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An Inquiry Into the Principles of Harmony in Language, and of the Mechanism ...
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accent acute acute accent affift alfo almoſt antient articulation becauſe beſt character claffical common compofed confiderable confonant courſe cuſtom dialects diftinction Dionyfius diphthongal diſtinguiſh Engliſh ſpeech epic expreffed expreffion fame fays fecond feems feven fhall fhort fhould fimple fingle firft foot firſt fyllable fome fometimes fong forein fpeaking fpeech French French language ftill ftrong fubject fuch fuperior Greek language guage harmony indicated inftances Italian itſelf Johnfon juft laft language laſt Latin language learned leaſt lefs long vowel mark meaſure modern Greek moft moſt mufic muſical muſt neceffary Nevertheleſs nuntiation obferved occafion orthography paffage perhaps phrafe phraſe pleaſing poem poetry poets prefent profe pronuntiation purpoſe quantity Quintilian racter reaſonably reprefented rhythmus rime Saxon ſcholars ſeems ſhort Spaniſh ſpeak ſpoken ſtill tenfe thefe themſelves theſe thofe thoſe tion tone tranflation triple cadence uſed variety verb verfe verfification verſe voice vowel-character vowel-found whofe words καὶ
Page 107 - O first created Beam, and thou great Word, Let there be lig;ht, and light was over all; Why am I thus bereav'd thy prime decree?
Page 71 - AWAKE, my St. John ! leave all meaner things To low ambition and the pride of kings. Let us (since life can little more supply Than just to look about us and to die) Expatiate free o'er all this scene of man ; A mighty maze ! but not without a plan ; A wild where weeds and flowers promiscuous shoot, Or garden tempting with forbidden fruit.
Page 292 - COLIN AND LUCY. A BALLAD. OF Leinster, fam'd for maidens fair, Bright Lucy was the grace ; Nor e'er did Liffy's limpid stream Reflect so sweet a face : Till luckless love, and pining care, Impair'd her rosy hue, Her coral lips, and damask cheeks, And eyes of glossy blue. Oh ! have you seen a lily pale, When beating rains descend ? So droop'd the slow-consuming maid, Her life now near its end.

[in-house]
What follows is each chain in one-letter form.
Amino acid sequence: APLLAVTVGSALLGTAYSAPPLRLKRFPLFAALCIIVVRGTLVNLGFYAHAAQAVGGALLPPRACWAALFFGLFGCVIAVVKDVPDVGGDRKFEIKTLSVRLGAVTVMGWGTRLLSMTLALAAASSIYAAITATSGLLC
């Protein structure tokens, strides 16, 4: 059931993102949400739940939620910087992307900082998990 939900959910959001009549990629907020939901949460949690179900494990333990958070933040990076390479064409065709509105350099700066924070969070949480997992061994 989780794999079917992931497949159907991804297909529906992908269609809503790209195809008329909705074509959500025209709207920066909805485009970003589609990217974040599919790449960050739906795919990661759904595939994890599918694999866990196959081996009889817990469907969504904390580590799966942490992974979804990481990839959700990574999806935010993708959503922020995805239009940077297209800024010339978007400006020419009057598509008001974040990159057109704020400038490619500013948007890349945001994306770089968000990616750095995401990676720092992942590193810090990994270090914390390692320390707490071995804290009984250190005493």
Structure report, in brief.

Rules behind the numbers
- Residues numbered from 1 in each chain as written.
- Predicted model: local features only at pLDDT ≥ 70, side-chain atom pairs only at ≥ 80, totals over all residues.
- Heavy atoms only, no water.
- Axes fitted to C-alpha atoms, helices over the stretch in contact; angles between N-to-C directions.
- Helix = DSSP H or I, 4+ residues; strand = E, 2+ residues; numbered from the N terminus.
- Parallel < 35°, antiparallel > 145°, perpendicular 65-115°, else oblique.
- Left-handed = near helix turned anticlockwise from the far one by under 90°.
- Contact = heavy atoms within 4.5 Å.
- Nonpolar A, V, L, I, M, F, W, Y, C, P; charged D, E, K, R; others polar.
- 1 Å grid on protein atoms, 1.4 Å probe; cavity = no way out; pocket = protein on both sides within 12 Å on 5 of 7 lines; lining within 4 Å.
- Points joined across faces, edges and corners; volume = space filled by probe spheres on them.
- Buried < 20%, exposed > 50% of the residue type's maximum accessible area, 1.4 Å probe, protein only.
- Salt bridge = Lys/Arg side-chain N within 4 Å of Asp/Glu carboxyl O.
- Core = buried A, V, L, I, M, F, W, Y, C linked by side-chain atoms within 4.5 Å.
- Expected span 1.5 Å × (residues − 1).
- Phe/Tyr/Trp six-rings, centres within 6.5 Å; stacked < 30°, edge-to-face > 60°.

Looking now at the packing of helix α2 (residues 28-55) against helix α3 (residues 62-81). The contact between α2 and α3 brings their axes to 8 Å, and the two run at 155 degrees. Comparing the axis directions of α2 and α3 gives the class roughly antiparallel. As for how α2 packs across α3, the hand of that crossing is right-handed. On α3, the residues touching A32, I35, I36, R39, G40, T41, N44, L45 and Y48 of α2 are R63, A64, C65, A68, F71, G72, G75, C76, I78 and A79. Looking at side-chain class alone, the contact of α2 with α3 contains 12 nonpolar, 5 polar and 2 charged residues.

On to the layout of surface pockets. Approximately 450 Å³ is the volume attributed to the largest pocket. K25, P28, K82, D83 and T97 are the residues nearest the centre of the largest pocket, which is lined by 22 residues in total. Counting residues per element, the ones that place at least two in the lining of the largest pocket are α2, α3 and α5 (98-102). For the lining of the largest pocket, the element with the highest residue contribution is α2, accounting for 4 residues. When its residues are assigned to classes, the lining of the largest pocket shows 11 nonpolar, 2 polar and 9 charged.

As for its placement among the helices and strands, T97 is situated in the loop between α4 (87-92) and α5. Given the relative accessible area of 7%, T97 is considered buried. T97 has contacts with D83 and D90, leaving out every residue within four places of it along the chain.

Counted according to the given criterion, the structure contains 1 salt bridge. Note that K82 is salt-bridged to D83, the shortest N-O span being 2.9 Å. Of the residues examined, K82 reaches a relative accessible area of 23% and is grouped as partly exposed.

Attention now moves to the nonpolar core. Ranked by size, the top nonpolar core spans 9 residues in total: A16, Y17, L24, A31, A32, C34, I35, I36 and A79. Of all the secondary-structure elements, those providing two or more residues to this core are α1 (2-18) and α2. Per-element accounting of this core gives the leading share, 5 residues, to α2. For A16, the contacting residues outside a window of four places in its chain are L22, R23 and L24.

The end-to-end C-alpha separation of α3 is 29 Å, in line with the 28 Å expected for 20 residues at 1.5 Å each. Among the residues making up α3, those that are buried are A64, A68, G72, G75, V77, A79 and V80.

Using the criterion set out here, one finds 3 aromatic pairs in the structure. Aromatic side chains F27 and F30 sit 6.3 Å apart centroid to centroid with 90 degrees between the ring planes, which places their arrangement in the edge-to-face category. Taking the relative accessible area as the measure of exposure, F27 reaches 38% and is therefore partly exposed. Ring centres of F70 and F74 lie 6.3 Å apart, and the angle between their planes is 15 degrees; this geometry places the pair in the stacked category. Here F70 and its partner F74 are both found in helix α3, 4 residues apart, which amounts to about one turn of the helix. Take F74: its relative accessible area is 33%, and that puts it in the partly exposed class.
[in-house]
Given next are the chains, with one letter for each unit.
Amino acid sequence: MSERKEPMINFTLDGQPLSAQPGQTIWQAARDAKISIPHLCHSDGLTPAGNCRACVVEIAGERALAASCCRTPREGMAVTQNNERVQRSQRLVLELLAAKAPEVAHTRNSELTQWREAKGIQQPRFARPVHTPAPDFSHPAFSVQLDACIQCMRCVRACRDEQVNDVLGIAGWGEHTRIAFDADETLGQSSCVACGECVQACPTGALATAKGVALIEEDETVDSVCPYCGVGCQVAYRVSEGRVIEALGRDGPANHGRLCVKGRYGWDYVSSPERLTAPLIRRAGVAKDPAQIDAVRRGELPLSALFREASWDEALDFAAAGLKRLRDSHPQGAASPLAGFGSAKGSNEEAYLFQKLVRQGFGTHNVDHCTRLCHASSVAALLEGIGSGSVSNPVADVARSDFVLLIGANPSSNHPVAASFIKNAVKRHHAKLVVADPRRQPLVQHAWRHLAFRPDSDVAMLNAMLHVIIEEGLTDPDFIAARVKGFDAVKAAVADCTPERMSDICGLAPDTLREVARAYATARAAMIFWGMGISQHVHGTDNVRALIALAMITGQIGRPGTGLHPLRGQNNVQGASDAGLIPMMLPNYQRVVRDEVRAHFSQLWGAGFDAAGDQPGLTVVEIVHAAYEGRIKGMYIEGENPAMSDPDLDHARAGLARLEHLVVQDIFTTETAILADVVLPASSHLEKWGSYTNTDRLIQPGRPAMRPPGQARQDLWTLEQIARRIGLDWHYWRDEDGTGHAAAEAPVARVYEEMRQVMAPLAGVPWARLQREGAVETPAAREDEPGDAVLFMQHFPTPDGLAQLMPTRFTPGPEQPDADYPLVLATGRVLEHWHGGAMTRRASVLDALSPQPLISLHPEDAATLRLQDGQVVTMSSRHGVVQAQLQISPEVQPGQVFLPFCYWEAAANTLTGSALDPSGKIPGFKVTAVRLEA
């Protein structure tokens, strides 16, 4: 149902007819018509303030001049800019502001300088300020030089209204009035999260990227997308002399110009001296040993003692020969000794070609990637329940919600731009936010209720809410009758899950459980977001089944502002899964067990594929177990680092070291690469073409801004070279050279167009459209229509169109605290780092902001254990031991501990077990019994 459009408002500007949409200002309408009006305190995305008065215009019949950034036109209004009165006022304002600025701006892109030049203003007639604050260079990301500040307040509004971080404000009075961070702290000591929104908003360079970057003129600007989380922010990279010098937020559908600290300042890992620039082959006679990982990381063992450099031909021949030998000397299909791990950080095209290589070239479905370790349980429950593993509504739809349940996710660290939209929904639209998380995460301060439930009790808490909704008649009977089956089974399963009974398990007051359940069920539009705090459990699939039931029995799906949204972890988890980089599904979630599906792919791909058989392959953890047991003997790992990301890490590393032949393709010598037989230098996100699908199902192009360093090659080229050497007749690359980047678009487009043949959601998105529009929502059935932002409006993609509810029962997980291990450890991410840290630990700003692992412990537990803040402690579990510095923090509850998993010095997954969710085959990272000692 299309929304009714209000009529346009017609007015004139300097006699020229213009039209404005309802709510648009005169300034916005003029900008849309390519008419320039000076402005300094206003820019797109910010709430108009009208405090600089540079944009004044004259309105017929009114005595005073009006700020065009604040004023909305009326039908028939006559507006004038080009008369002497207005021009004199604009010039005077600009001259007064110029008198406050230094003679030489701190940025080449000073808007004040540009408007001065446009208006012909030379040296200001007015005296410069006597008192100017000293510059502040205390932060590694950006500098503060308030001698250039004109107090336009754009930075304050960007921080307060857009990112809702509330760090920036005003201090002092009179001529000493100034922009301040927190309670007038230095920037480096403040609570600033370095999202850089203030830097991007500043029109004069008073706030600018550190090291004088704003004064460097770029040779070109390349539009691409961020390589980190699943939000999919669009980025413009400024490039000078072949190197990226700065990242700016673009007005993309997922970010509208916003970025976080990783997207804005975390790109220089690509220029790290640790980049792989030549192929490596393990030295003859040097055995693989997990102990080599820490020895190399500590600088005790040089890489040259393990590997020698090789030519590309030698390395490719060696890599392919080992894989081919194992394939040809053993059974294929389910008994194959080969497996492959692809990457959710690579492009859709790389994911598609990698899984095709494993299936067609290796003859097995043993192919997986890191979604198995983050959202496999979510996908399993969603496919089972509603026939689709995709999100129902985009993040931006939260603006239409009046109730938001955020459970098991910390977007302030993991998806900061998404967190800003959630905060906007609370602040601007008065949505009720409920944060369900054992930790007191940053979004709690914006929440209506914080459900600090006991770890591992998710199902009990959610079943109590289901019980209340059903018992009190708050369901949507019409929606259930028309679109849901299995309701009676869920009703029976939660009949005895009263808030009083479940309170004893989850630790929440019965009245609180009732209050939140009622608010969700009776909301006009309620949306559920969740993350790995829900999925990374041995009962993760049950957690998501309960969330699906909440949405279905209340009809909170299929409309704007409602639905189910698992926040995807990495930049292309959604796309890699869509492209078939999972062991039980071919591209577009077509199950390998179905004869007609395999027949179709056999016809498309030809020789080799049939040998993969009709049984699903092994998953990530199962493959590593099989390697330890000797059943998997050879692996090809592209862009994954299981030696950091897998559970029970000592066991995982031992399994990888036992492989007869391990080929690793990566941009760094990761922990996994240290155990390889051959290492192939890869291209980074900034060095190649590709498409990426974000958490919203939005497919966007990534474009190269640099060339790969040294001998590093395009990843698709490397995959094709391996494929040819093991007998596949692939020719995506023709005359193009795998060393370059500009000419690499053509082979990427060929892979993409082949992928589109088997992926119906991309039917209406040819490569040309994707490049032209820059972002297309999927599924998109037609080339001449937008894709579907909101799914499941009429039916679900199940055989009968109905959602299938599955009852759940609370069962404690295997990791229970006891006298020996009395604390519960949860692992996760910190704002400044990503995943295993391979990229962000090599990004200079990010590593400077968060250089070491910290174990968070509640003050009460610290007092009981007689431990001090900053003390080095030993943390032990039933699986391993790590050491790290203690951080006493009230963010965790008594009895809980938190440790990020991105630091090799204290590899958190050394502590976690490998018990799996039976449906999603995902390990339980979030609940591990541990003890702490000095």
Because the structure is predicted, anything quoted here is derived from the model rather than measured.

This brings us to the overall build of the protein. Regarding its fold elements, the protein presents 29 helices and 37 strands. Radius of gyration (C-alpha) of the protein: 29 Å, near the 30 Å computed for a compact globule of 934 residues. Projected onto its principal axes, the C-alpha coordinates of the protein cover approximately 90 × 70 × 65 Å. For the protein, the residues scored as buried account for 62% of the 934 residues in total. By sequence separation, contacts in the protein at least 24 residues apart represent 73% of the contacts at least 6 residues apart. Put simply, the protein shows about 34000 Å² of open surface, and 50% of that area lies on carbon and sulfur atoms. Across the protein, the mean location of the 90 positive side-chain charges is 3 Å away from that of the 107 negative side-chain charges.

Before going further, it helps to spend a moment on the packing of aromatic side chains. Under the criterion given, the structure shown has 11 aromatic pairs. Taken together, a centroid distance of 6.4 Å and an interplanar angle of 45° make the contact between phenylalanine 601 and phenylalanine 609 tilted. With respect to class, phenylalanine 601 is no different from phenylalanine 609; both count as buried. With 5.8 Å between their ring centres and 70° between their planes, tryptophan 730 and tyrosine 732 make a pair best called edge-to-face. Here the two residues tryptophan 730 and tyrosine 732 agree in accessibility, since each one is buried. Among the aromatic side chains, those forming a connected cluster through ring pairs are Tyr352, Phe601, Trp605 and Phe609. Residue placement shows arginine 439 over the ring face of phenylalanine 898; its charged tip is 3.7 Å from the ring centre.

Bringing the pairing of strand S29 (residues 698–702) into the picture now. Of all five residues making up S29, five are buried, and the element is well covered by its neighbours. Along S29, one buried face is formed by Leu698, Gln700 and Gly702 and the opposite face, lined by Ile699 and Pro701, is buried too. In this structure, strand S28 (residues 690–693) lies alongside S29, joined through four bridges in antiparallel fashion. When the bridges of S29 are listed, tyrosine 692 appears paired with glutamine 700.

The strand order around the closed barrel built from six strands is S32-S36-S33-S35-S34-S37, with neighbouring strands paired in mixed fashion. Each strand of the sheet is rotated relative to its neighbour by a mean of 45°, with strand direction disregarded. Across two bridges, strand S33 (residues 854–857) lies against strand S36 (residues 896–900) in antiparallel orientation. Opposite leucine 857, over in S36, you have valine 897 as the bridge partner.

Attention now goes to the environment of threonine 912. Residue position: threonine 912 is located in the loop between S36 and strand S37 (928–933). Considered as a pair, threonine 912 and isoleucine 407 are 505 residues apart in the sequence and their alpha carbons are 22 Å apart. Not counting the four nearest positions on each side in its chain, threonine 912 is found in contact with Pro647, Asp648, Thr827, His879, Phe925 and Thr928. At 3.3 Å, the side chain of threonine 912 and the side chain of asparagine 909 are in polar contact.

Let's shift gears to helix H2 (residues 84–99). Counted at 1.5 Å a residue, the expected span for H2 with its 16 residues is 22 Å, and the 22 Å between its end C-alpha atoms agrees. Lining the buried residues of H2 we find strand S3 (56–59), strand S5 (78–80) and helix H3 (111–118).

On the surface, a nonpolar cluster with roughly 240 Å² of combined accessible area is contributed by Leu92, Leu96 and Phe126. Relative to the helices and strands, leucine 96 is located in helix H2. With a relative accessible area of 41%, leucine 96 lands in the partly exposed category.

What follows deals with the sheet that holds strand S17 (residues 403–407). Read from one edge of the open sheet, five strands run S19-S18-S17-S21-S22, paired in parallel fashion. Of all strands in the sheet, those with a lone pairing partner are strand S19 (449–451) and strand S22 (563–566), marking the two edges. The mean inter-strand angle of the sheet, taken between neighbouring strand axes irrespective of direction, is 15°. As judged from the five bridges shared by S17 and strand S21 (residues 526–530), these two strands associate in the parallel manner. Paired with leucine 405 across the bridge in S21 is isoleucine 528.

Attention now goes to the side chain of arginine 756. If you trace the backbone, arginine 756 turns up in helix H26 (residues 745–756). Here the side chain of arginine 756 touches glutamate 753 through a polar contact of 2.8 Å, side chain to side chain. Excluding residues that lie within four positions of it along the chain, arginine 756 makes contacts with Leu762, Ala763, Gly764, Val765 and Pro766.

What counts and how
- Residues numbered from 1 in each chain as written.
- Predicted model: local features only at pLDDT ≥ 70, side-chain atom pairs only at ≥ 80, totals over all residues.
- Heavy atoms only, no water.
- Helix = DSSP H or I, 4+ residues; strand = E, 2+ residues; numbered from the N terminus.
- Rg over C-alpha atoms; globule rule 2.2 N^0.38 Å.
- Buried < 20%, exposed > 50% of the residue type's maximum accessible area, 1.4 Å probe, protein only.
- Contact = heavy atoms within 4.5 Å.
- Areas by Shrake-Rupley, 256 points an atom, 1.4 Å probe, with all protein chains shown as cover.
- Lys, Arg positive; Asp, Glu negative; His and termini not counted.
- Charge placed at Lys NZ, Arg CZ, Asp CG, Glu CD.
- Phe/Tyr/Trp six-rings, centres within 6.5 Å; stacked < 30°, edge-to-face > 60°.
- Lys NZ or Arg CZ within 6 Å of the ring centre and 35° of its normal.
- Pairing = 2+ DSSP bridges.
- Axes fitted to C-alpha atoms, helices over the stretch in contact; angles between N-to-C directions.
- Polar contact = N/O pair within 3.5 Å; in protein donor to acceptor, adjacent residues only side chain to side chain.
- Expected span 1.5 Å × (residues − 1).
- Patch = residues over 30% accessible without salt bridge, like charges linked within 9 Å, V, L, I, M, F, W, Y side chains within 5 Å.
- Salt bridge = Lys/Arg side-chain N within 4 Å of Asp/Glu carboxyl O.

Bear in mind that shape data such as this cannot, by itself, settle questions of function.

Page 98 - These times, though many a friend bewail, These times bewail not I. But when the world's loud praise is thine, And spleen no more shall blame: When with thy Homer thou shalt shine In one establish'd fame!
Page 385 - He endeavours indeed commonly to strike by the force and vigour of his dialogue, but he never executes his purpose better, than when he tries to sooth by softness.
Page 116 - And for there is so great diversitie In English, and in writing of our tongue, So pray I God that none miswrite thee, Ne thee mismetre for defaut of tongue.
Page 83 - Part loosely wing the region; part more wise In common, ranged in figure, wedge their way, Intelligent of seasons, and set forth Their aery caravan, high over seas Flying, and over lands, with mutual wing Easing their flight : so steers the prudent crane Her annual voyage, borne on winds : the air Floats as they pass, fann'd with unnumber'd plumes.
Page 116 - And if a verse, here and there, fal out a syllable shorter or longer than another, I rather aret it to the negligence and rape of Adam Scrivener .that I may speake as Chaucer doth), than to any unconning or oversight in the author : for how fearful he was to have his works miswritten, or his vearse mismeasured, may appeare in the end of his fift booke of Troylus and Creseide...